existence separate from the article on which it is
applied.
The design must be of a distinctive nature and
must appeal to people.

The following Designs will


not qualify
Methods or principles of
constructions
Features dictated by function
A mechanical device
A trademark
Designs that can be considered as
immoral

Other laws in India related


to IPR

The Protection of Plant and Varieties and


Farmer Rights Act, 2001, seek to protect any
Intellectual Property connected with Indias
biological resources (promotes new varieties
of plants)
Biological Diversity Act, 2002, protects Indian
biological resources by allowing fair access to
all Indians.
Semiconductor Integrated Circuits Layout Act,
2000 (was enacted to comply to the TRIPS
guidelines and to protect the layout of ICs)

Trade Secrets
A trade secret is a formula, practice, process,
design, instrument, pattern, or compilation of
information which is not generally known or
reasonably ascertainable, by which a business
can obtain an economic advantage over
competitors or customers.
Since trade secret protection does not convey
exclusive rights like Patent, it can be easily
destroyed.
For example, a trade secret can be lost through
independent discovery, reverse engineering, or
accidental disclosure.

Legislative Framework of IP
Department of IP &P covers
Administration

The Patents Act, 1970 (as amended in


2005)
The Patents Rules, 2003 (as amended in
2006)

The Designs Act, 2000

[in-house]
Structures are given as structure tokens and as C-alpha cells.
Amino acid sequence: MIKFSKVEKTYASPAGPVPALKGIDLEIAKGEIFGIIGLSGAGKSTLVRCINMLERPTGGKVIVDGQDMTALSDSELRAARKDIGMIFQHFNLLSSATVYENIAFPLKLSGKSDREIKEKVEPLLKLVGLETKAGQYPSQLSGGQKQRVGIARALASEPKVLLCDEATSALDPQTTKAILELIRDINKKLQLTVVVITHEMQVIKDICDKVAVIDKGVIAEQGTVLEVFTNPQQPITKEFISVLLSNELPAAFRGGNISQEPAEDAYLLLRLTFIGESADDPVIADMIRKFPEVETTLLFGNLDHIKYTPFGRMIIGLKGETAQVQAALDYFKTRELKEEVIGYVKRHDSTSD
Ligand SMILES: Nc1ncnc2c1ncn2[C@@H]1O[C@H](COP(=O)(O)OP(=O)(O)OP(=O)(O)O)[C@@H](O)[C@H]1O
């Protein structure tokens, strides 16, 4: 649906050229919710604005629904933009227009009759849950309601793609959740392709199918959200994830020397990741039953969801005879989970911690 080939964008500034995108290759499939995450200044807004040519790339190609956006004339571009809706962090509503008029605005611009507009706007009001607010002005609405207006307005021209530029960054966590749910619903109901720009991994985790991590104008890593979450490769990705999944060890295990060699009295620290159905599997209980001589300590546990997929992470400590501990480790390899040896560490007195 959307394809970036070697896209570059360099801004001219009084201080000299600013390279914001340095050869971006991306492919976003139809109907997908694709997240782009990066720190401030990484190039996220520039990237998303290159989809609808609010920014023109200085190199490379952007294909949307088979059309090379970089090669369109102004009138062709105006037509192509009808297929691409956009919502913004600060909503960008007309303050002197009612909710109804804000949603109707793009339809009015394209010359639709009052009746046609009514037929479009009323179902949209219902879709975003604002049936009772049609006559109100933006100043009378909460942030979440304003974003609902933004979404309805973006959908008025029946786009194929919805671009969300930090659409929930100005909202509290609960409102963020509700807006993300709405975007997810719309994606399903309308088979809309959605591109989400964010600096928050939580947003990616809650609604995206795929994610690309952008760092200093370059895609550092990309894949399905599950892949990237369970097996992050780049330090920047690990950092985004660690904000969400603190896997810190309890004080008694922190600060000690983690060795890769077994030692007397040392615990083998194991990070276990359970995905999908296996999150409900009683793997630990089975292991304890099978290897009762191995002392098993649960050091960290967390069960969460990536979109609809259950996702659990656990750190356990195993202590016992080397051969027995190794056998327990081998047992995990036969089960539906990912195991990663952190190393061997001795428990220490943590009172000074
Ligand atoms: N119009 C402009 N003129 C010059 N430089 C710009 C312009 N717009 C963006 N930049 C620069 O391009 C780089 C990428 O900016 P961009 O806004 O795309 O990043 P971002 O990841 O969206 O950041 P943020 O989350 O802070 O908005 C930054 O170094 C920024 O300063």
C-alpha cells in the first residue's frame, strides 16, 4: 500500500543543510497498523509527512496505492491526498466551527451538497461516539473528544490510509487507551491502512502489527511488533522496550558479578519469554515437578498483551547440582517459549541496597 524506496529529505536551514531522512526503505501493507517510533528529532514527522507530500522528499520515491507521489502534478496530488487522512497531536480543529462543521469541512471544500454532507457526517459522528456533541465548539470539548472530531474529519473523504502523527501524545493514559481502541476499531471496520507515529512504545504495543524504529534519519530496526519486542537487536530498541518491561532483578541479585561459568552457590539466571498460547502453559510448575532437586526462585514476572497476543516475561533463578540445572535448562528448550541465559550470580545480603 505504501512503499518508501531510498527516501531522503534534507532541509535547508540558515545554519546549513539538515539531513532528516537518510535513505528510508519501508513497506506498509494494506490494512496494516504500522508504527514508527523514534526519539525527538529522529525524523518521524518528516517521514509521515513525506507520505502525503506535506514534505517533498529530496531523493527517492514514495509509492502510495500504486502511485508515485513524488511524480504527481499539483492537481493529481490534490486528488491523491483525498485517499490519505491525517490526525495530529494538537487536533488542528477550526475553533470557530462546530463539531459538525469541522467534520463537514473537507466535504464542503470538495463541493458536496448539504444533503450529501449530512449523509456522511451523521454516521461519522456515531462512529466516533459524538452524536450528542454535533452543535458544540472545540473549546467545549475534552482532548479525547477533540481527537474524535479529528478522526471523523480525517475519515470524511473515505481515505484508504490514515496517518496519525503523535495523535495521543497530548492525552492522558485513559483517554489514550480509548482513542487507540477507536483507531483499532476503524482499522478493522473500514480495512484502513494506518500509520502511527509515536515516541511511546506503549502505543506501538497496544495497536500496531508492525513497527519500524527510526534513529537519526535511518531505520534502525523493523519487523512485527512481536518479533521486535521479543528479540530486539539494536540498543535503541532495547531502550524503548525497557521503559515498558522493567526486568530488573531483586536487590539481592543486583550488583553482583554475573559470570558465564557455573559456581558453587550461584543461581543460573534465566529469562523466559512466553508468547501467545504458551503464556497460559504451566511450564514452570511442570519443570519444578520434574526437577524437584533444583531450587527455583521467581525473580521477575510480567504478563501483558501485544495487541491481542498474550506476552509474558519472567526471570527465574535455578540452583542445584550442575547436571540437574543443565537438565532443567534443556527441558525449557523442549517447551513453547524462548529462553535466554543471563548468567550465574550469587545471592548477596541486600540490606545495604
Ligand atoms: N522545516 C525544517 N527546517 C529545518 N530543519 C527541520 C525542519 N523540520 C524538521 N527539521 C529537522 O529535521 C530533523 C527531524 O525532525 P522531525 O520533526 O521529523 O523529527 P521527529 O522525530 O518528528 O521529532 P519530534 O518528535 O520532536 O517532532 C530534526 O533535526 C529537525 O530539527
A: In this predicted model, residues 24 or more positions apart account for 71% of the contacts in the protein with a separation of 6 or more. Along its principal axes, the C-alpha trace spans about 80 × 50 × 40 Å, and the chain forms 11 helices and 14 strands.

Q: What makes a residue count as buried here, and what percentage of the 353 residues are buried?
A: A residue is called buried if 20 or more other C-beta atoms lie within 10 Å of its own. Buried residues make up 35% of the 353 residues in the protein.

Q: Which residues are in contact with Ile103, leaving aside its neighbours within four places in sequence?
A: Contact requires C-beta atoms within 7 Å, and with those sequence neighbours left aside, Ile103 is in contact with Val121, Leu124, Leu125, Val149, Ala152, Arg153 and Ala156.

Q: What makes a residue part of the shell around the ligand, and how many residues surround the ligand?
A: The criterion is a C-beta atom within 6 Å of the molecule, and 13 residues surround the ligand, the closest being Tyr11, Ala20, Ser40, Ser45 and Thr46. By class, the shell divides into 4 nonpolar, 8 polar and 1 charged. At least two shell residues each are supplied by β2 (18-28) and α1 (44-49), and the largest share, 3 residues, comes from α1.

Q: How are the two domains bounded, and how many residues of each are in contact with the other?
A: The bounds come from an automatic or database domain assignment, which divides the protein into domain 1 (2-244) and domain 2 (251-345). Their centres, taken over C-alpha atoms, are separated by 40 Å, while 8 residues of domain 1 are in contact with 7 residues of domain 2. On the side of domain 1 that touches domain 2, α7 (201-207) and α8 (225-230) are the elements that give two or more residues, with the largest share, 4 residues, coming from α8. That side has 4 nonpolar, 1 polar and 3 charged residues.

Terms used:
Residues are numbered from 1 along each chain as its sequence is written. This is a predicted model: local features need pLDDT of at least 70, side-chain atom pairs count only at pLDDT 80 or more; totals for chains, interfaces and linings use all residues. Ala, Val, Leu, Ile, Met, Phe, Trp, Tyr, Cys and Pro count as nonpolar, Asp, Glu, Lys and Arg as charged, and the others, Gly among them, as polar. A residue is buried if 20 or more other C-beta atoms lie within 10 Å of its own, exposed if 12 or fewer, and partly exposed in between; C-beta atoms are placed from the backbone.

The Designs Rules, 2001 (as amended in 2008)

The Trade Marks Act 1999


The Trade Marks Rules 2002

The Geographical Indications of Goods


(Registration & Protection) Act, 1999
The Geographical Indications of Goods
(Registration & Protection) Rules, 2002,

Department of Education covers


The Copyrights Act 1957 (amended in
1999)

CONTROLLER GENERAL OF PATENTS, DESIGNS


AND TRADEMARKS

(CGPDTM)
PATENT OFFICE

Head Office
KOLKATA
Branch
DELHI

IPTI ,NIIPM,
T M REGISTRY
P.I.S. Nagpur

DESIGN OFFICE

KOLKATA

Head Office
MUMBAI

DELHI

Branch
CHENNAI

KOLKATA

Branch
MUMBAI

CHENNAI

ABAD

G.I. REGISTRY

CHENNAI

Accidental Discovery of
Rasgulla
In the early 20th century, the yummy, sticky rasgulla did
not exist.
A sweet shop owner left a kadhai of bubbling, hot syrup in
the care of his bumbling assistant and went out for a
while.
Next to the khadai were some paneer balls meant to made
jalebis in.
In the kind of cross connection that changes the world for
better, (sometimes), the assistant poured all the paneer
balls into the khadai.
The owner came back and, after getting over his initial
shock tasted the new concoction and pronounced it
delicious!
Rasgullas were born that day and Ganguram, the owner
went on to become a millionaire!

Edible Spoon?
(US 6,320,461 issued 201204-12)
The Eco-spoon removes the need
for non-biodegradable disposable
plastic spoons.
It is 100% natural, made entirely
of corn. It is 100% biodegradable
and 100% edible.
The recipe contains all-organic
ingredients, namely: corn flour,
whole wheat flour, baking
powder, sugar, salt, eggs,
separated milk, spices and herbs.
This means that the spoon is not
just Edible, but also Good for you.